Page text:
29 October 2016, Sweetcrude, Abuja – The Nigerian Government has said it will consider the sale of the country’s four refineries only after they have been rehabilitated to work efficiently.
The Minister of Petroleum Resources, Ibe Kachikwu, who disclosed this at a public presentation of short and medium-term priorities to grow Nigeria’s oil and gas industry tagged, ‘7BigWins’, in Abuja, noted that no investor would offer serious money for the refineries in their present state.
There have been suggestions recently by prominent Nigerians for key assets, including the refineries, to be sold to raise seriously needed funds to reflate the economy.
“The feeling of the Federal Executive Council (FEC) and the President is that we should first get the refineries to be efficient before we talk about privatisation, otherwise we will be selling scraps,” the minister said, adding that union-related issues would also have to be addressed.
He said President Muhammadu Buhari would meet leaders of the Niger Delta in Abuja next week in an attempt to end the insurgency in the oil-producing region.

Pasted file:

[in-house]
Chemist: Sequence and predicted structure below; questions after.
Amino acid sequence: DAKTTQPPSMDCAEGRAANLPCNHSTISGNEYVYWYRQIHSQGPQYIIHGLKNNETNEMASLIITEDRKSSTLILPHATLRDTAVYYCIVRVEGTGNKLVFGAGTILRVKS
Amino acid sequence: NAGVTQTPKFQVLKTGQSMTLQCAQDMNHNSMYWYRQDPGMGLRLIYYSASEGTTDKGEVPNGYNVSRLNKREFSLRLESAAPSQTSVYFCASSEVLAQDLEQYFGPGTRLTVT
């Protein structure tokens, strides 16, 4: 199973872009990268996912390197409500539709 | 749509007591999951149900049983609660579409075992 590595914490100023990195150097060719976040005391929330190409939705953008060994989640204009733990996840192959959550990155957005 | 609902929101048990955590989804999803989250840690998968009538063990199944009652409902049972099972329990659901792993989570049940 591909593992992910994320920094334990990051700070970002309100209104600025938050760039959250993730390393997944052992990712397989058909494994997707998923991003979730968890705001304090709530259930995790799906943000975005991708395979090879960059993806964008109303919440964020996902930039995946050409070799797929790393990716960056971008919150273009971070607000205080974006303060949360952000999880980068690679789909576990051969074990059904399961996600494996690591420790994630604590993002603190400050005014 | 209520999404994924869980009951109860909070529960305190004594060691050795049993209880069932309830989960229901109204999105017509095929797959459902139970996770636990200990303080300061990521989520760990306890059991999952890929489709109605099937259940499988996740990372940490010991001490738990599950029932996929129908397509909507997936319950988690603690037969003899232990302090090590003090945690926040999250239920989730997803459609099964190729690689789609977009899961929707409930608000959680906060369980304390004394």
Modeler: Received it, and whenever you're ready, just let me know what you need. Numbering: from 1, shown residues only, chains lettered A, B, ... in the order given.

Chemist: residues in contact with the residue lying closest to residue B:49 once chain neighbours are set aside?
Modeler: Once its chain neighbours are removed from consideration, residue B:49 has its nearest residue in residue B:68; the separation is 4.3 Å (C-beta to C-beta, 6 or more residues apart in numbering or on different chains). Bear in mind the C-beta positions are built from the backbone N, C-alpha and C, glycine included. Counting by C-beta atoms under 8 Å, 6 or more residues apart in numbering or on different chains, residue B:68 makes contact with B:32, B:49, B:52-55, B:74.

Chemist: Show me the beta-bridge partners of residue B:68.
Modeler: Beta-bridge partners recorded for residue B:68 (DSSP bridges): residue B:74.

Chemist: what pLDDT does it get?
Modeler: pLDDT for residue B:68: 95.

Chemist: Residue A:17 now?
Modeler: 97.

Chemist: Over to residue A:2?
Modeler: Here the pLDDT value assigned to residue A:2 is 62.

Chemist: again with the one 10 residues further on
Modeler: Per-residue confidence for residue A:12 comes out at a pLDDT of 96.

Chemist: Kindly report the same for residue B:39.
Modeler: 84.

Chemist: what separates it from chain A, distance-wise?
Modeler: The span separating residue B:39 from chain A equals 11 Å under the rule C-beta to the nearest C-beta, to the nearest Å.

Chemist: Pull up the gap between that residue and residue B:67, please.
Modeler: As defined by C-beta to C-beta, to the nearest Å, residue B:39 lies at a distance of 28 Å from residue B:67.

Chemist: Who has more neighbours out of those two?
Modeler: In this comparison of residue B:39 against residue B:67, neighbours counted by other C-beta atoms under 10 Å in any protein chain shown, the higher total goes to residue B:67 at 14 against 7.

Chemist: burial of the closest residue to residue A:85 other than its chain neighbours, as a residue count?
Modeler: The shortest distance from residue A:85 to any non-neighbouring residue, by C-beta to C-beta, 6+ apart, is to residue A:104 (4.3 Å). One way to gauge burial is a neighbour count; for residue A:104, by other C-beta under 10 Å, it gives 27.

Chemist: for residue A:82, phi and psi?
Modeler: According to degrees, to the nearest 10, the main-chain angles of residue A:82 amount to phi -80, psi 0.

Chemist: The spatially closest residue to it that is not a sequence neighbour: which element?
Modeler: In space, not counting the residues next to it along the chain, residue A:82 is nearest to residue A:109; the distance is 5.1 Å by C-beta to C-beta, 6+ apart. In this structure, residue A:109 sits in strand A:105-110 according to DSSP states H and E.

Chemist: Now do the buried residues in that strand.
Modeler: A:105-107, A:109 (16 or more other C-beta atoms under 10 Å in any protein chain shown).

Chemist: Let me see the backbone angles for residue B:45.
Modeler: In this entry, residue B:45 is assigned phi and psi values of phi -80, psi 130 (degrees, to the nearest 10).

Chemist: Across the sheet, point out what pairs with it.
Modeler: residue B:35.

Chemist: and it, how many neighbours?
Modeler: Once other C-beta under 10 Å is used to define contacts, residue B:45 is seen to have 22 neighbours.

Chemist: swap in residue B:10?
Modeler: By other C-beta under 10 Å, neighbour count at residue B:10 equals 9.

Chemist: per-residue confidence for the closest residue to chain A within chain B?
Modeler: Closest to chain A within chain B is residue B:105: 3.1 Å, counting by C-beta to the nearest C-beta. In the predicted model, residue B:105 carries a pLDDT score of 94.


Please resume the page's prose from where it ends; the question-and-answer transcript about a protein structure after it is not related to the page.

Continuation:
“This planned meeting shows the level of interest the president has to ensure peace in the area,” he said.
Kachikwu told participants at the event that Nigeria’s oil output stood at 1.8 million barrels a day, adding that the government hoped to get back to 2.2 million b/d next year – the level seen at the start of 2016.
He further stated that the country would ensure that it found every oil that is available in every part of the country, with increased private sector participation, and to raise $5 billion and $20 billion in the short and long term respectively, for the federal government
In addition, Kachikwu stated that the government planned to set up a fund of about $10 billion for the development of critical infrastructure in the Niger Delta and also for the growth of the region.
“The whole idea is to set up a fund that is not tied to budgeting. Find international organisations and identify their willingness to put in money into the Niger Delta; be able to negotiate with state governments some percentage of what they have to put into this fund,” the minister reiterated.
He said the Presidency had approved a roadmap that would transfer the responsibility of ensuring security in the Niger Delta region from the military and other security agencies to oil companies operating in the region.
He also stated that the federal government was considering stripping states of some of the proceeds of the 13 per cent derivation funds to be used in the development of oil-producing communities.